Halloween is just around the corner and with nearly 80 years of experience in the industry, we’ve seen our share of scary shutters and window treatments.
Of course, we’re not the only ones. In his line of work, Scott Sidler, owner of a historic window restoration company in Florida, has also seen plenty of shutters that made him shudder. He told Bored Panda, “As a preservation contractor, I was constantly called in to fix mismatched windows and poor replacement shutters and I started taking pictures of the worst offenders to educate people about what a real window and real shutters should look like.”
Sidler took to Instagram with a regular feature called #ShudderSunday. Here a few of the shutter fails he has captured:
Exterior shutters like plantation shutters and Bermuda shutters were originally placed on homes to protect windows from the weather, to allow for privacy, and to control the amount of sunlight coming into a home. Although exterior shutters can technically still do all those things, today, many architects and designers use shutters as a design element to add personality and visual appeal to a home’s exterior.
Although many modern homes now feature non-working exterior shutters, they should still be applied correctly, using these three main shutter rules. These rules also apply to the interior shutter treatments we specialize in like plantation shutters, faux wood shutters and café shutters:
Rule #1: Size Matters. Many design rules are made to be broken, but shutter size isn’t one of them! Shutter sizes should be fixed because shutters should look functional (even if they’re merely decorative). The height of your shutters should equal the height of your windows, excluding trim and casing. And the width of your shutters should be exactly one-half the width of the window to which the shutters are paired, excluding trim and casing.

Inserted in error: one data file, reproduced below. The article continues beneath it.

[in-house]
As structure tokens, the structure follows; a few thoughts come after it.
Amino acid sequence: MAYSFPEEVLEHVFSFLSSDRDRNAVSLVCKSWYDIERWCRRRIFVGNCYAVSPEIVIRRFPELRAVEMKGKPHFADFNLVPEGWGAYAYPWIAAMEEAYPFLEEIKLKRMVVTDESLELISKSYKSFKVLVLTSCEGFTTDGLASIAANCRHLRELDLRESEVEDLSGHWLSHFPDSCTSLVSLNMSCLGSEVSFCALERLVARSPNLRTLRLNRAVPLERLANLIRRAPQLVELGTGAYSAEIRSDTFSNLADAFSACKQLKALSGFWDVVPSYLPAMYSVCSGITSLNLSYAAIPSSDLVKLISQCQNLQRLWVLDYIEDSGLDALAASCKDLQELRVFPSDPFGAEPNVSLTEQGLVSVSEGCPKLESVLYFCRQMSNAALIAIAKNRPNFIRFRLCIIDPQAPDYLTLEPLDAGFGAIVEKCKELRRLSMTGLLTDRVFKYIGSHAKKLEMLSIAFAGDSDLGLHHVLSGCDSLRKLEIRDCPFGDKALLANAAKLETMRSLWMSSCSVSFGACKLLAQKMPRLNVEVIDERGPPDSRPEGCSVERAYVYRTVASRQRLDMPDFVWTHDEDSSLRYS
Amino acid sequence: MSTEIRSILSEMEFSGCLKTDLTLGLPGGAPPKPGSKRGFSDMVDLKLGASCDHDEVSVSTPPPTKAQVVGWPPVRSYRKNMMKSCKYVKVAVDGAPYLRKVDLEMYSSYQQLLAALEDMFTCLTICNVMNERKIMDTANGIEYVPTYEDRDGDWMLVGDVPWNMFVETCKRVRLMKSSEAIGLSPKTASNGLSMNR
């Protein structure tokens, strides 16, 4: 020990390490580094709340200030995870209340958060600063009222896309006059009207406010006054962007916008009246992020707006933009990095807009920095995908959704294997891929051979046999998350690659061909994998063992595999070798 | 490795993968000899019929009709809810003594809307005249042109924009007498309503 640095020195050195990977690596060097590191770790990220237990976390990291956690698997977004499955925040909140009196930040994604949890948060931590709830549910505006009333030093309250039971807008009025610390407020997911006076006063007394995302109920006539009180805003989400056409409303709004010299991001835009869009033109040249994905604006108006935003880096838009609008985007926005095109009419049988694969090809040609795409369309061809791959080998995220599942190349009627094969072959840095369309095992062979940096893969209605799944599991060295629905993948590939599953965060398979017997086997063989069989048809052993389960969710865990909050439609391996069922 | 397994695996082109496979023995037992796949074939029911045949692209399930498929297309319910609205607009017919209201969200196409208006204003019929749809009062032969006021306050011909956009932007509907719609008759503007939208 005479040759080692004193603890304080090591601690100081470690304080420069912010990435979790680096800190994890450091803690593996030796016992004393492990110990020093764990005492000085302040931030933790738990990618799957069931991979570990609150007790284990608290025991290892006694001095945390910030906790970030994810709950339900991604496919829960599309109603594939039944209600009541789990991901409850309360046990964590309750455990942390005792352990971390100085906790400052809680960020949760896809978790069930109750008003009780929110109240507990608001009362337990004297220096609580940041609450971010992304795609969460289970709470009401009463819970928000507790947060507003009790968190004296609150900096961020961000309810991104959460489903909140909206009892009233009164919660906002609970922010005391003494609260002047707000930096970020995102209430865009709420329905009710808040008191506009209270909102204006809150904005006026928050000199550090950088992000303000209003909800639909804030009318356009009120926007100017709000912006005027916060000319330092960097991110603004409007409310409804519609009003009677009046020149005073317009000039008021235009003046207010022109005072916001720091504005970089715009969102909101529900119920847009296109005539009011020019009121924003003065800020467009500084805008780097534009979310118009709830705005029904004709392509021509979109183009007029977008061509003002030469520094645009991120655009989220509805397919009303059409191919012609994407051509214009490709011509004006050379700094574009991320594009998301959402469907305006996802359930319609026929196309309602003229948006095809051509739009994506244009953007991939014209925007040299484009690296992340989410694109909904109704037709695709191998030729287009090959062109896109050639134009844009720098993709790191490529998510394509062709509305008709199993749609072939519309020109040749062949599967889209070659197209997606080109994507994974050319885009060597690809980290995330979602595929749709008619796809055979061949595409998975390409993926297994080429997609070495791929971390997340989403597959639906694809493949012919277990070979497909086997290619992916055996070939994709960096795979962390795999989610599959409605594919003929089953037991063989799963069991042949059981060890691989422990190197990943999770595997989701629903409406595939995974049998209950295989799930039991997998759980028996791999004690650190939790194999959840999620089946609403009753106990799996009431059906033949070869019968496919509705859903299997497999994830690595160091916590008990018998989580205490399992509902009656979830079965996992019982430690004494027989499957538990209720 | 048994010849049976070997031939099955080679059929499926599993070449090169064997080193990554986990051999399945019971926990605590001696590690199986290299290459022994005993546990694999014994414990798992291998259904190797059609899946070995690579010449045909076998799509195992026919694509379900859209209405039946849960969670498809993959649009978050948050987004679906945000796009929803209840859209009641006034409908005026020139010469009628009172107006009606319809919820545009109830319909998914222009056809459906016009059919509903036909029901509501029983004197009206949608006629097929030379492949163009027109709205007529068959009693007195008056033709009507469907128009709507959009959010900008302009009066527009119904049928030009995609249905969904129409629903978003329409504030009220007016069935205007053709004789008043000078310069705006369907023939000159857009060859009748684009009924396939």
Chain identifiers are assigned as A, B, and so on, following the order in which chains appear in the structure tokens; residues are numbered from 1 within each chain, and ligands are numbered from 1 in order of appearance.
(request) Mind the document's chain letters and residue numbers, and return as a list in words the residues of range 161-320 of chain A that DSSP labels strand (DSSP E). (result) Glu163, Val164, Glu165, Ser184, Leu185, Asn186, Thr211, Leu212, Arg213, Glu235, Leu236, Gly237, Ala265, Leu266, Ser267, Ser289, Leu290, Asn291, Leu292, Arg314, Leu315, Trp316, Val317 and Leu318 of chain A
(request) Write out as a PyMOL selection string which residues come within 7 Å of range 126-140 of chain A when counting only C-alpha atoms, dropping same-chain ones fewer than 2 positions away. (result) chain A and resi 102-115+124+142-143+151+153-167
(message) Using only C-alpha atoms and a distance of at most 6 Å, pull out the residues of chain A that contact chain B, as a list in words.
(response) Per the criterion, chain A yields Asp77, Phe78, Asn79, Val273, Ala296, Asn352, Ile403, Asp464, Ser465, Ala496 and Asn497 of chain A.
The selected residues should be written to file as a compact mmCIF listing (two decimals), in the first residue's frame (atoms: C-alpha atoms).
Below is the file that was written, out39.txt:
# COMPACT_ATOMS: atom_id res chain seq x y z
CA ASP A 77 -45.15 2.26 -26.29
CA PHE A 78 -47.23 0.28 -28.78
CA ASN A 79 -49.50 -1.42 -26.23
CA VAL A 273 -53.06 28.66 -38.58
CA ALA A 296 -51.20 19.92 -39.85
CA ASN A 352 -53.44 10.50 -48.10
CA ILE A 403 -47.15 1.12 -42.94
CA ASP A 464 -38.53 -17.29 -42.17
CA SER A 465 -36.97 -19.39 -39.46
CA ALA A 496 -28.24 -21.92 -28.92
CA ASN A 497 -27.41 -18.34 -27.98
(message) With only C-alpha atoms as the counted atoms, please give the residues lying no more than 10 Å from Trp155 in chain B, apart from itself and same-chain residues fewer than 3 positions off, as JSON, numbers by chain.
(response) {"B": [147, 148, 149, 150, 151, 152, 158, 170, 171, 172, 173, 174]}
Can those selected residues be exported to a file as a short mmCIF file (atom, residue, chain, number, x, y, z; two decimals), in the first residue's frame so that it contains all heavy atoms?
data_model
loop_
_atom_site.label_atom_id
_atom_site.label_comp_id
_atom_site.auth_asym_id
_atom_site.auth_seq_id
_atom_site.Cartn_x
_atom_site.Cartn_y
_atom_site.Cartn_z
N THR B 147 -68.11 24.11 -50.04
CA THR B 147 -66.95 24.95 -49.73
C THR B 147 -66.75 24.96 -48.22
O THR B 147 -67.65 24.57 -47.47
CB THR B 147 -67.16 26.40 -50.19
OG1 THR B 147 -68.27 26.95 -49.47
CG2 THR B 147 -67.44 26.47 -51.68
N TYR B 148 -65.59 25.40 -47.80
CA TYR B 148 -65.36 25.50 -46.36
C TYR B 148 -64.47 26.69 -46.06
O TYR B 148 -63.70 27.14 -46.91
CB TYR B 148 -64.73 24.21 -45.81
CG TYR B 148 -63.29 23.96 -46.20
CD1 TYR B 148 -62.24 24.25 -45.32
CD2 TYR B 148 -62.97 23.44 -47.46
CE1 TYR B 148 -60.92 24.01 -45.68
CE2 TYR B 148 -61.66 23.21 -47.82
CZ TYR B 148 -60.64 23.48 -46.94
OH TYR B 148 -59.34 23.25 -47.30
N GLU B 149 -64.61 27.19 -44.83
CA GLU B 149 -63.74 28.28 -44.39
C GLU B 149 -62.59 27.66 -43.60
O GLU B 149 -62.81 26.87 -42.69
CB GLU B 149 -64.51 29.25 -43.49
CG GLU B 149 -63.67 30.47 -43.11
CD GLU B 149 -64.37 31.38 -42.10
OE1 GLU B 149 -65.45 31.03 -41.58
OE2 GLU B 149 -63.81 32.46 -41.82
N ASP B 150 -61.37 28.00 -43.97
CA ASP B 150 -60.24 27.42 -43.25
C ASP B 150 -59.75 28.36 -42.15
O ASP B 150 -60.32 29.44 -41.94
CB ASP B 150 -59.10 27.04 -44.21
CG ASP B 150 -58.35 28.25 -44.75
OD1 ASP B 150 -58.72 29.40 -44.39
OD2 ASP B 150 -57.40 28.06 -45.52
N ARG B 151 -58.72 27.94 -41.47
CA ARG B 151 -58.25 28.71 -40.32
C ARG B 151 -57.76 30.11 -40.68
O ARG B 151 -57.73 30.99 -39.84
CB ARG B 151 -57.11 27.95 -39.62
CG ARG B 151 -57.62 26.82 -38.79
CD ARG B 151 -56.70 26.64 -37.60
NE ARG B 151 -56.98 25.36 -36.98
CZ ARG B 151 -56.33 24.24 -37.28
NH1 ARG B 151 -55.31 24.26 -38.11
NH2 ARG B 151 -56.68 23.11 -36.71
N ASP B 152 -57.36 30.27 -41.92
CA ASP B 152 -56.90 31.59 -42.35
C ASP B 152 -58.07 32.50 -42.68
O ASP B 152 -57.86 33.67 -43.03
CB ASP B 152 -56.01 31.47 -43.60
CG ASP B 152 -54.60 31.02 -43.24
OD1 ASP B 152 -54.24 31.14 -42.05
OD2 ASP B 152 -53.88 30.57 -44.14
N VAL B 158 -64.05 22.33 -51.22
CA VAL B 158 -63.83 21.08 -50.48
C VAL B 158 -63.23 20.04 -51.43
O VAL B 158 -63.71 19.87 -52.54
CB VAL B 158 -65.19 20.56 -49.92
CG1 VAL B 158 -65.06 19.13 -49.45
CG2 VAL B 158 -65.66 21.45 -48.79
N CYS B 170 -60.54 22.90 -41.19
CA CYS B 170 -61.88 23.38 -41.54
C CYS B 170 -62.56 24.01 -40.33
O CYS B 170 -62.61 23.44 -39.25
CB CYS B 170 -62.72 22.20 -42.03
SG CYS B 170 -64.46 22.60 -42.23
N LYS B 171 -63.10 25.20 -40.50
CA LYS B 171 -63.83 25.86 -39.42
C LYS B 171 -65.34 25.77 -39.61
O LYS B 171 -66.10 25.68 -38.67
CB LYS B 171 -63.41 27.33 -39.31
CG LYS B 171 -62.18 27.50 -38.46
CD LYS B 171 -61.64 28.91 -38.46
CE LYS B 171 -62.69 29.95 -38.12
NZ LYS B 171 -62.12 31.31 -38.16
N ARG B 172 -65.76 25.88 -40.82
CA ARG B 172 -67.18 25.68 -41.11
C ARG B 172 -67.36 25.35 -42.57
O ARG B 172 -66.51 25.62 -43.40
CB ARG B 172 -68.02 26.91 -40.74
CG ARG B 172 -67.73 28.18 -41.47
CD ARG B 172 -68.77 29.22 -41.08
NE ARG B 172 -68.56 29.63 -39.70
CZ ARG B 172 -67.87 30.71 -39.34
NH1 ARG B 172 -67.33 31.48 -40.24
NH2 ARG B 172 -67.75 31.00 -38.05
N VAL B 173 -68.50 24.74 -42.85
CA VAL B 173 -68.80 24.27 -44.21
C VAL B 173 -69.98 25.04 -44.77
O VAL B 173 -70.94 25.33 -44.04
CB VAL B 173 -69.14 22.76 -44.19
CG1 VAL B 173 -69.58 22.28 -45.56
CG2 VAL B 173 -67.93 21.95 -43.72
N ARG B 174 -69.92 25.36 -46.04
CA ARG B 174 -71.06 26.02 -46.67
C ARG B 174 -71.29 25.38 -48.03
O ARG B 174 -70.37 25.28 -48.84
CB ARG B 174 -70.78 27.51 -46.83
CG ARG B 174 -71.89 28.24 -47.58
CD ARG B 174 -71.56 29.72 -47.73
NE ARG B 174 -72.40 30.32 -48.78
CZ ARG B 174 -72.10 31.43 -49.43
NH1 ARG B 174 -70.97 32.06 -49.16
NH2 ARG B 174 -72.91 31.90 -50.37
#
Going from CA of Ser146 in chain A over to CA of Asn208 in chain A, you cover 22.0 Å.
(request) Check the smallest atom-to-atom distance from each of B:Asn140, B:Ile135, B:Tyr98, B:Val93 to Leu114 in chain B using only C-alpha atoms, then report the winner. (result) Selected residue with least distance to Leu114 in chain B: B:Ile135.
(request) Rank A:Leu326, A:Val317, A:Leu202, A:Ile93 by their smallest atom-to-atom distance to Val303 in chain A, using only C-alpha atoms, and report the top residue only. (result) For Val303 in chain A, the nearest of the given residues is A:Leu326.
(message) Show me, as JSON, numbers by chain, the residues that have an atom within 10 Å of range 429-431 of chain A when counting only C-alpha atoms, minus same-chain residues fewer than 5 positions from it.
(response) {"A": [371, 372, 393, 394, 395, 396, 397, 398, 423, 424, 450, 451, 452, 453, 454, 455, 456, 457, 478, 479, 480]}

Rule #2: Shape Matters. When closed, shutters should cover the window with which they are paired. This means that the size and shape of the shutters should match the size and shape of the window or windows – rectangular window should have rectangular shutters; arched windows should have shutters that mirror their shape; if a window features a transom above it, the shutters should cover the entire configuration (both window and transom).
Just as form should follow function, shape often follows style. There are different styles of shutters for different styles of architecture. A window coverings professionals will be able to look at the exterior style of your home and tell you whether paneled shutters, louvered shutters, or board and frame shutters are the best fit.
Rule #3: Placement Matters. It doesn’t matter if the shutters on your home are functional fixed; either way they should appear to be operable. This means that your shutters should overlap with the window casing and align with the top of the sill. When possible, both louvered and paneled shutters should be in line with the window muntins (the narrow strips of wood that divide the individual panes of glass) or the sash. Shutters should never be separated from the window jamb.
When it comes to buying and installing shutters, it’s a great idea to work with a pro like the design team at Strickland’s Home. We can ensure your shutters add to the style of your home by helping you get the right look, the right fit, and the right installation. Ready to enjoy the sweet treat of beautiful in your home? With our help, there’ll be nothing scary about it. Request an appointment today.